I sat in the dusty, sweltering, miserable excuse for a bar, grimacing between sips of too-warm beer. Flies buzzed above my head, ignoring my occasional attempts to wave them away. I was thoroughly dejected, soaking in my sweat and failure.
Nearly five weeks previously, I had arrived in the Congo, equipped with a modified Mauser double-barrel, fifty grand in good old US currency, and an iron-willed determination to bring down the Big Five. The buffalo and the lion had both been surprisingly easy, and the leopard had given me an enjoyable stalk before I finally cornered him in a thick but isolated copse of trees.
The elephant . . . I smiled briefly at the memory. It had required several sizable bribes just to secure a narrow window of opportunity, but I had ended up staring down a young bull, just fully grown, short-tempered and feisty. For a long moment we had both stood our ground, two apex species facing off in the pre-dawn twilight.
The bull had tossed his head, showing his tusks in challenge. I knew that he was about to charge, that the two heavy shells in my Mauser were all that stood between me and death. Center-of-mass shots wouldn’t stop a headlong charge, wouldn’t drop the beast quickly enough to save me. I needed to pierce the skull, needed a perfect shot.
The long moment ended. The young bull dropped his head and charged. The rifle rose to my shoulder and barked once, twice.
I needn’t have bothered with the second shot. The first round was dead center, hitting the elephant directly between the eyes. I had stood my ground and watched as the beast slowly and ponderously collapsed before me.
Now, seated in the filthy bar, I still felt a small twinge of regret. I hadn’t needed the second shot. If I had trusted my gut, had held back, I would have been able to count myself among the true elites, those that had brought down the largest big game animal in the world with a single shot. But that small regret withered and wilted in the heat of my current rage.
I had vanquished four of the Big Five. Only the rhinoceros stood between me and victory. But here, I had hit a wall. My contacts were of no help. Bribes had failed, or had only led to dead ends. Even my acquaintances among the poachers had merely shrugged their shoulders. “They are too rare,” they had told me. “Too many guards, and the punishment for trying is death. It cannot be done.”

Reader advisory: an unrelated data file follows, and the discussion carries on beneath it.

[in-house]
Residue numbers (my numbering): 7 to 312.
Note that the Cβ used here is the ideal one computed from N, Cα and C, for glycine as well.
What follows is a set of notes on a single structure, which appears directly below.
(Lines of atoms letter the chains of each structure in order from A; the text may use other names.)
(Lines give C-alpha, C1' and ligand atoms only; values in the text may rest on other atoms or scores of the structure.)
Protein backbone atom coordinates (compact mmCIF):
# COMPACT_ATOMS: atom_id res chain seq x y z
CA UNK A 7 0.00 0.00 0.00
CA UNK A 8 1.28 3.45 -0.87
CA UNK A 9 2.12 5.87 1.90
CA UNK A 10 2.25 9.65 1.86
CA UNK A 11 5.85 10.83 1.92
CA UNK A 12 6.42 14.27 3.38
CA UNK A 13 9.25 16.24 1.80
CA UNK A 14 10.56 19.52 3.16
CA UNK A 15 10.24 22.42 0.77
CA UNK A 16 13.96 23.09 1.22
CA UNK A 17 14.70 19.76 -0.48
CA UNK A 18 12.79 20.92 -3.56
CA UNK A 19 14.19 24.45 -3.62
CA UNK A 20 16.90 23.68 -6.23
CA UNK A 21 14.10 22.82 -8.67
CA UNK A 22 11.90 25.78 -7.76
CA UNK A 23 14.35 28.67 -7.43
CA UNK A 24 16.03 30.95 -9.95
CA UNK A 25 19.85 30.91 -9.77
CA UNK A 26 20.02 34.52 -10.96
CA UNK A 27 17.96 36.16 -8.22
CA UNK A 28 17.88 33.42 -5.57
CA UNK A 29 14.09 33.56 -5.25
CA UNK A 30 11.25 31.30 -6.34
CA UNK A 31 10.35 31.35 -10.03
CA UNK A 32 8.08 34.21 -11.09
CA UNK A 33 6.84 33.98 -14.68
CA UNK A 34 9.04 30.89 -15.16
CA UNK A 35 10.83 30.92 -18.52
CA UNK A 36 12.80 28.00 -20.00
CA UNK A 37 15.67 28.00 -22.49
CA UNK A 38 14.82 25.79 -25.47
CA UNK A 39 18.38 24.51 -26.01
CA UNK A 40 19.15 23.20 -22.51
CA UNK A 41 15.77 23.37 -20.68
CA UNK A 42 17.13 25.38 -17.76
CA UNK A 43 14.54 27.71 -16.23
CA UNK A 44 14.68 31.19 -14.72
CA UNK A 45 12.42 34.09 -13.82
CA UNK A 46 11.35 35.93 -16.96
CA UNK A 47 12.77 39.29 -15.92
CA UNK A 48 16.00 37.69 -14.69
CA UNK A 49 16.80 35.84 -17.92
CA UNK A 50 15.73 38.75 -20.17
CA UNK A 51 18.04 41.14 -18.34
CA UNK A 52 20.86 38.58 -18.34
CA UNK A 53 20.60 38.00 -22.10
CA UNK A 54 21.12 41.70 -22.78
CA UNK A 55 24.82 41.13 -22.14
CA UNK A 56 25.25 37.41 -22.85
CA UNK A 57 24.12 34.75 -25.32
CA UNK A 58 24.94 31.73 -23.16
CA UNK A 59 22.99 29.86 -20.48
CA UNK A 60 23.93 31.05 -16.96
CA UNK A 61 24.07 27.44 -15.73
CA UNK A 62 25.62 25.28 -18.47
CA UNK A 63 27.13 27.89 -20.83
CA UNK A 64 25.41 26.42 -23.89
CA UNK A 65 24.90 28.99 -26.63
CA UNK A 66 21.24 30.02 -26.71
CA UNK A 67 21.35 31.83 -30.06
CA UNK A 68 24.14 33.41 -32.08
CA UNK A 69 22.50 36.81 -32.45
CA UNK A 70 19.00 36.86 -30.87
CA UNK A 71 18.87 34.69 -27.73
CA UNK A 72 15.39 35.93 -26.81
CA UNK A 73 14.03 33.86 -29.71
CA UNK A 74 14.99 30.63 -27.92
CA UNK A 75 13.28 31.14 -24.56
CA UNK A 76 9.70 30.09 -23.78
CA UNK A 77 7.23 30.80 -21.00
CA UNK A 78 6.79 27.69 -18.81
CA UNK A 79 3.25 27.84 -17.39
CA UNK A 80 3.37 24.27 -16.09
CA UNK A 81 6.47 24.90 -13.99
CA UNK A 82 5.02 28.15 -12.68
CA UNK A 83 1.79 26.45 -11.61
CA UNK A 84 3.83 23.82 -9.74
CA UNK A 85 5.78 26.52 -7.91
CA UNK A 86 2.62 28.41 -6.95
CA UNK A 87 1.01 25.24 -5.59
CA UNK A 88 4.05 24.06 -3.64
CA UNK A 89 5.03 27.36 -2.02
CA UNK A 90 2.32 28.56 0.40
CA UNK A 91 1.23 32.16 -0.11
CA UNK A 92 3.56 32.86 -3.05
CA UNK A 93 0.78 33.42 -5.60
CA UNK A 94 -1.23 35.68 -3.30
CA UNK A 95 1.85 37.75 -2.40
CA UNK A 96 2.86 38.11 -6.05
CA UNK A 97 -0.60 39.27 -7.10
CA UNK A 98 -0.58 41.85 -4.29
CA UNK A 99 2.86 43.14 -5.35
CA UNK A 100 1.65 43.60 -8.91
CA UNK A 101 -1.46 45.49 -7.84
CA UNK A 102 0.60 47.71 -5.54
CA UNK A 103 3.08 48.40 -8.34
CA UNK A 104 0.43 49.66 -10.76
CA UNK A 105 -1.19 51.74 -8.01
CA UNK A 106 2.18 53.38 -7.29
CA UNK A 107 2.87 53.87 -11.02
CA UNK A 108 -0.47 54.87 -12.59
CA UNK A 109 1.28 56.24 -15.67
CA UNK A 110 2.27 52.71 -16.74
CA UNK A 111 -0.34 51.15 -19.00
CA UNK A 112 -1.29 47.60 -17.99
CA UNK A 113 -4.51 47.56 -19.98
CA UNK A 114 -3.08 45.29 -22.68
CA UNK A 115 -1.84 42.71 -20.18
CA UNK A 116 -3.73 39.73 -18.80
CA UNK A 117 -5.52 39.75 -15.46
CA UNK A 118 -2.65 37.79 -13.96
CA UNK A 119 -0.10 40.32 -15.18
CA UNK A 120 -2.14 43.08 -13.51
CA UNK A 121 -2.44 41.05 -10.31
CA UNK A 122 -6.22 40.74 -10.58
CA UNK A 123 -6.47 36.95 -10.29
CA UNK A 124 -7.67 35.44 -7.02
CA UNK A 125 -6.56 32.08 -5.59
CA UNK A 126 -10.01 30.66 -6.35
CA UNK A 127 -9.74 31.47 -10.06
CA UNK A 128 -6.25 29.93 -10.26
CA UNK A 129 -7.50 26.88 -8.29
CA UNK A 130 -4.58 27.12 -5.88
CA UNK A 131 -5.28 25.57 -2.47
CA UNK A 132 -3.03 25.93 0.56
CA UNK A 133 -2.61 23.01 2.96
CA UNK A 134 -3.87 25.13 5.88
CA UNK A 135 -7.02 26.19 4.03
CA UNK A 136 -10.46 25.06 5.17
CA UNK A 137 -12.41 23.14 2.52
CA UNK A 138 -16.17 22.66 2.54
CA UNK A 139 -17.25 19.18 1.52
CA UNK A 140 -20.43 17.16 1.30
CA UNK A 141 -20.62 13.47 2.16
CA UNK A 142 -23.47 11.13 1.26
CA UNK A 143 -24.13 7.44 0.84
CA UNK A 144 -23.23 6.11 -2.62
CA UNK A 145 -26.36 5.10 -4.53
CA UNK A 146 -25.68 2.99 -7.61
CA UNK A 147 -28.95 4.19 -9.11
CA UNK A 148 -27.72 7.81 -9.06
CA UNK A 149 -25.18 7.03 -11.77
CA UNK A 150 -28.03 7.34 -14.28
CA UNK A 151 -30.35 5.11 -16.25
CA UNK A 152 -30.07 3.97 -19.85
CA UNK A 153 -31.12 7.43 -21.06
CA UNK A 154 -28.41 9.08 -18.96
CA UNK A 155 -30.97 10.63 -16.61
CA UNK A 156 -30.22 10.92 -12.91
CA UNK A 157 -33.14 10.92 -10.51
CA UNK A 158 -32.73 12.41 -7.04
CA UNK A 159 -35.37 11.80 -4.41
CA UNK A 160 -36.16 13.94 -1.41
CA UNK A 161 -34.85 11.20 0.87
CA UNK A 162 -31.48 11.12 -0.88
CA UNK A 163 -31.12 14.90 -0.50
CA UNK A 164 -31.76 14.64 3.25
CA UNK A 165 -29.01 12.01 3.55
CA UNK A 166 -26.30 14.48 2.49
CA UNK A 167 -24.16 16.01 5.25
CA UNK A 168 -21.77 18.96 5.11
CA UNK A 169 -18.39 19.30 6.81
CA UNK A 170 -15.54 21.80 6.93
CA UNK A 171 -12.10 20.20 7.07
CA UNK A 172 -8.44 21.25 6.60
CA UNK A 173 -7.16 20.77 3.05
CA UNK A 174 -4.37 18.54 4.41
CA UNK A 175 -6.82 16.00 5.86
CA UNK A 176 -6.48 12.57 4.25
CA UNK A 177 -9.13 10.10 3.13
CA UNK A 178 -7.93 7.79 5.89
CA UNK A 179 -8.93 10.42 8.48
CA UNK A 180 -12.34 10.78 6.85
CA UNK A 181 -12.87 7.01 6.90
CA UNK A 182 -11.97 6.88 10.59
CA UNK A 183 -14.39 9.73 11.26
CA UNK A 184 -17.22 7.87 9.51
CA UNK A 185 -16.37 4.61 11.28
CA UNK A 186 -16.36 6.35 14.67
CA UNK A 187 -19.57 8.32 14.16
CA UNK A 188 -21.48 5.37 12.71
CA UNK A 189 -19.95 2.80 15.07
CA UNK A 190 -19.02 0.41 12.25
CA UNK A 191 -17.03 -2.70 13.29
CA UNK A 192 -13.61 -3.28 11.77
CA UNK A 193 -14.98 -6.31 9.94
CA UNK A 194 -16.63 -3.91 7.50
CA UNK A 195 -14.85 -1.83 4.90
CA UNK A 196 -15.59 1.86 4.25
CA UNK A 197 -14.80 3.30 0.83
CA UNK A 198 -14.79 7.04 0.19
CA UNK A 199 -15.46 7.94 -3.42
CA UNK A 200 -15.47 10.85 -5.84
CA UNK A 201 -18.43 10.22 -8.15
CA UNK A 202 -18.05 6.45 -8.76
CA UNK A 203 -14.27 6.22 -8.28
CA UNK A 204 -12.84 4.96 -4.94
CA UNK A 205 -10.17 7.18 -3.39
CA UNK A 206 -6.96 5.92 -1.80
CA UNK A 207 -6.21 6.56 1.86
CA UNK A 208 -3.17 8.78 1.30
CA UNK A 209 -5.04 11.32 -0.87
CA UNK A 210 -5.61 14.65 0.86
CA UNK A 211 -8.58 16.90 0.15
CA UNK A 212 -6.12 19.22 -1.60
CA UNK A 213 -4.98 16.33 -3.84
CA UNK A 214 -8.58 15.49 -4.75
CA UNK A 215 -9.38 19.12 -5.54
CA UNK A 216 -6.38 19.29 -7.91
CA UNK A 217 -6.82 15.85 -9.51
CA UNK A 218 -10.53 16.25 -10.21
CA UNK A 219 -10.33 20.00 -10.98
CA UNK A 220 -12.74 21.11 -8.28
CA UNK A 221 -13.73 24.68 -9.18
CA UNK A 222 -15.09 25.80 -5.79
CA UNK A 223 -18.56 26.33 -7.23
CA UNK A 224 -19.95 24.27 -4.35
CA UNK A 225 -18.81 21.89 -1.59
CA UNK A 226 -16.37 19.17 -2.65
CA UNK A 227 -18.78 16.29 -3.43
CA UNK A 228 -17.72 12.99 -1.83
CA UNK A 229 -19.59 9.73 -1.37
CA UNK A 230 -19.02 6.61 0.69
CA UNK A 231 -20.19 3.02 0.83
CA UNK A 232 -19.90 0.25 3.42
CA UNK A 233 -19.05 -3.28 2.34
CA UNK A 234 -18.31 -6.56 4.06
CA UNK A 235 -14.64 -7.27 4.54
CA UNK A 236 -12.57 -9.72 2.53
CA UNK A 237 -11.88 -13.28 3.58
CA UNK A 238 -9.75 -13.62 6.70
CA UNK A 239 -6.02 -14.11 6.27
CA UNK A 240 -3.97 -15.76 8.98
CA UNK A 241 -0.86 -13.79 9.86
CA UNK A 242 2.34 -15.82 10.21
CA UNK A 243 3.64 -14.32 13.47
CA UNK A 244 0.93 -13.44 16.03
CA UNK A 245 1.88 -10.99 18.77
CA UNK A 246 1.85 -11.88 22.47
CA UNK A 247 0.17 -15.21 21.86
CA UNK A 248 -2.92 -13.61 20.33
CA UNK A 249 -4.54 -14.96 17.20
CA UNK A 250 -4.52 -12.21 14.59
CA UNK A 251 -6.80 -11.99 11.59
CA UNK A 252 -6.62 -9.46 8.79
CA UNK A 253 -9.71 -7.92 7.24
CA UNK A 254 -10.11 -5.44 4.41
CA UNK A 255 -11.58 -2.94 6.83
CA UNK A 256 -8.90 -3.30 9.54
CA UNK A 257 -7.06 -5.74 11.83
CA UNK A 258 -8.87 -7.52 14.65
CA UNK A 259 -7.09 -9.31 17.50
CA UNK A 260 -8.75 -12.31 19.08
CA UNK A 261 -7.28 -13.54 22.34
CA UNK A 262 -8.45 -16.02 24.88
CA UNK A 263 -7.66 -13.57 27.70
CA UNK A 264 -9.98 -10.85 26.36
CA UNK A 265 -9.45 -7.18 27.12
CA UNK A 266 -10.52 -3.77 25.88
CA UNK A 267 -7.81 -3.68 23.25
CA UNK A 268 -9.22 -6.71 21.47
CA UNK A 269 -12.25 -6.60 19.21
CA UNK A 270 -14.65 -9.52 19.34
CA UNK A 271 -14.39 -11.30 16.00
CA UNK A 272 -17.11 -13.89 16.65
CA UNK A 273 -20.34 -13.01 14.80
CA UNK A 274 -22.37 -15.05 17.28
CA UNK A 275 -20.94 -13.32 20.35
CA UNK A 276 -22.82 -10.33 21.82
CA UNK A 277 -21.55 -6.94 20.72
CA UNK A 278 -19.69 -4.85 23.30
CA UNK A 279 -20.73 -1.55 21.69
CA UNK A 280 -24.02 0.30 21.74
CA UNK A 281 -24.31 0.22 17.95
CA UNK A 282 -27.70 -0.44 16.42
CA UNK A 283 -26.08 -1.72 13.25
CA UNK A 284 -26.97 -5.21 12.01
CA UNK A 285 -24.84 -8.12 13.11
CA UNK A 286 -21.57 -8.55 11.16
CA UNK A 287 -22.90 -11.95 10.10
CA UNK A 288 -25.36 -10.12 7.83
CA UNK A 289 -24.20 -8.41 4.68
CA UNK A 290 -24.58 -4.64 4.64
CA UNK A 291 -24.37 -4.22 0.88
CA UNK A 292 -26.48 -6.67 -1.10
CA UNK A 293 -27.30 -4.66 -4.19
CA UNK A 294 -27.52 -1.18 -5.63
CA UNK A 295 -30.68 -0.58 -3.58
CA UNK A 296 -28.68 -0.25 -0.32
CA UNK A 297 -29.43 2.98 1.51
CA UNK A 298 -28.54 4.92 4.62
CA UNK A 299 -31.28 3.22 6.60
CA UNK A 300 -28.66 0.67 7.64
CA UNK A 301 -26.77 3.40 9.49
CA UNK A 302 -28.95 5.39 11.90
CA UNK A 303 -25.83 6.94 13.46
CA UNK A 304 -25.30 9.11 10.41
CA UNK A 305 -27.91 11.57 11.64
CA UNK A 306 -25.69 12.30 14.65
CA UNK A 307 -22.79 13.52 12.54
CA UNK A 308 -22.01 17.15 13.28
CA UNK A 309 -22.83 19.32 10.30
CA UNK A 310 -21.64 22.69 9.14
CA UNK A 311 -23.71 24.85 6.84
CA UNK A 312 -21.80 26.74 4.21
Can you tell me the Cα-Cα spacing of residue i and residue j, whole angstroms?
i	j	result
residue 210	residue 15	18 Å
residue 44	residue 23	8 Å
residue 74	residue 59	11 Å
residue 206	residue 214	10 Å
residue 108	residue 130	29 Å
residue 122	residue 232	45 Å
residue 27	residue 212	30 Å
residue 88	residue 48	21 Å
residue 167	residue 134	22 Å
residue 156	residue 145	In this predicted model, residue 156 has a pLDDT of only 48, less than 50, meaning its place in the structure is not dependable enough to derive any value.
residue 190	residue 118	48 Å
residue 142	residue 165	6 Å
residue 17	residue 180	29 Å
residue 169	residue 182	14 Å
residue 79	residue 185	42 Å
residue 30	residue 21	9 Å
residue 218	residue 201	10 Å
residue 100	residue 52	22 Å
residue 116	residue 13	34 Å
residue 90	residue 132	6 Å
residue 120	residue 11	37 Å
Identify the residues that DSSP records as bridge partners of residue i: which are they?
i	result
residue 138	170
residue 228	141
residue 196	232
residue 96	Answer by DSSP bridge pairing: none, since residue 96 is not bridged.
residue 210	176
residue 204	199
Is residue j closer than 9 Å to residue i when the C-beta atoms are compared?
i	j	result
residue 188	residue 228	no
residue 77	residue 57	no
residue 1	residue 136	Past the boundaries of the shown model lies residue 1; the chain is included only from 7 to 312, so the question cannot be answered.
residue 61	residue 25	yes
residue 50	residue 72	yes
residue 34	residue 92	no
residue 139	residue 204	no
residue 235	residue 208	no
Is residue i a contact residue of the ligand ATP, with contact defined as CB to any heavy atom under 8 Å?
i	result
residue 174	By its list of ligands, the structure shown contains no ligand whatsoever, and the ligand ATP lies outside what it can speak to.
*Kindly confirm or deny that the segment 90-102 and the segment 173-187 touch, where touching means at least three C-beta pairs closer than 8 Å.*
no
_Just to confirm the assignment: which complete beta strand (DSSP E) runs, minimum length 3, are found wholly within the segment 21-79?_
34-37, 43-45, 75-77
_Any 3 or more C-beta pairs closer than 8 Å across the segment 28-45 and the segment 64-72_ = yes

The hell with that. I still had better than half of my cash remaining, and I refused to give up. Finally, a tip from a back-alley Nambian gang member had led me here, to this miserable excuse for a watering hole. I had been told to look for a man who went by Jarrod, who had one blind eye, who smiled too often. “He is a crazy man,” the Nambian had told me from the shadows. “He is touched by the creeping madness, and half of what he speaks are lies. But he claims to know where the rhinos are, and has sold the horns before. He is your best shot. He was my only shot, I thought, but I didn’t share that with the gangster.
Two beers later, Jarrod finally arrived. He entered quietly, but I knew him as soon as I saw his face. His right eye was a milky white, with a bright blue iris. No dark pupil seemed to be present; there was merely a disc of blue floating in the surrounding whiteness. An idiot’s grin was painted across his gaunt features. His lanky frame moved easily through the maze of rickety and broken chairs as he headed directly towards me. He dropped into the chair across from me, stared into my eyes, and giggled.
Continue with part two!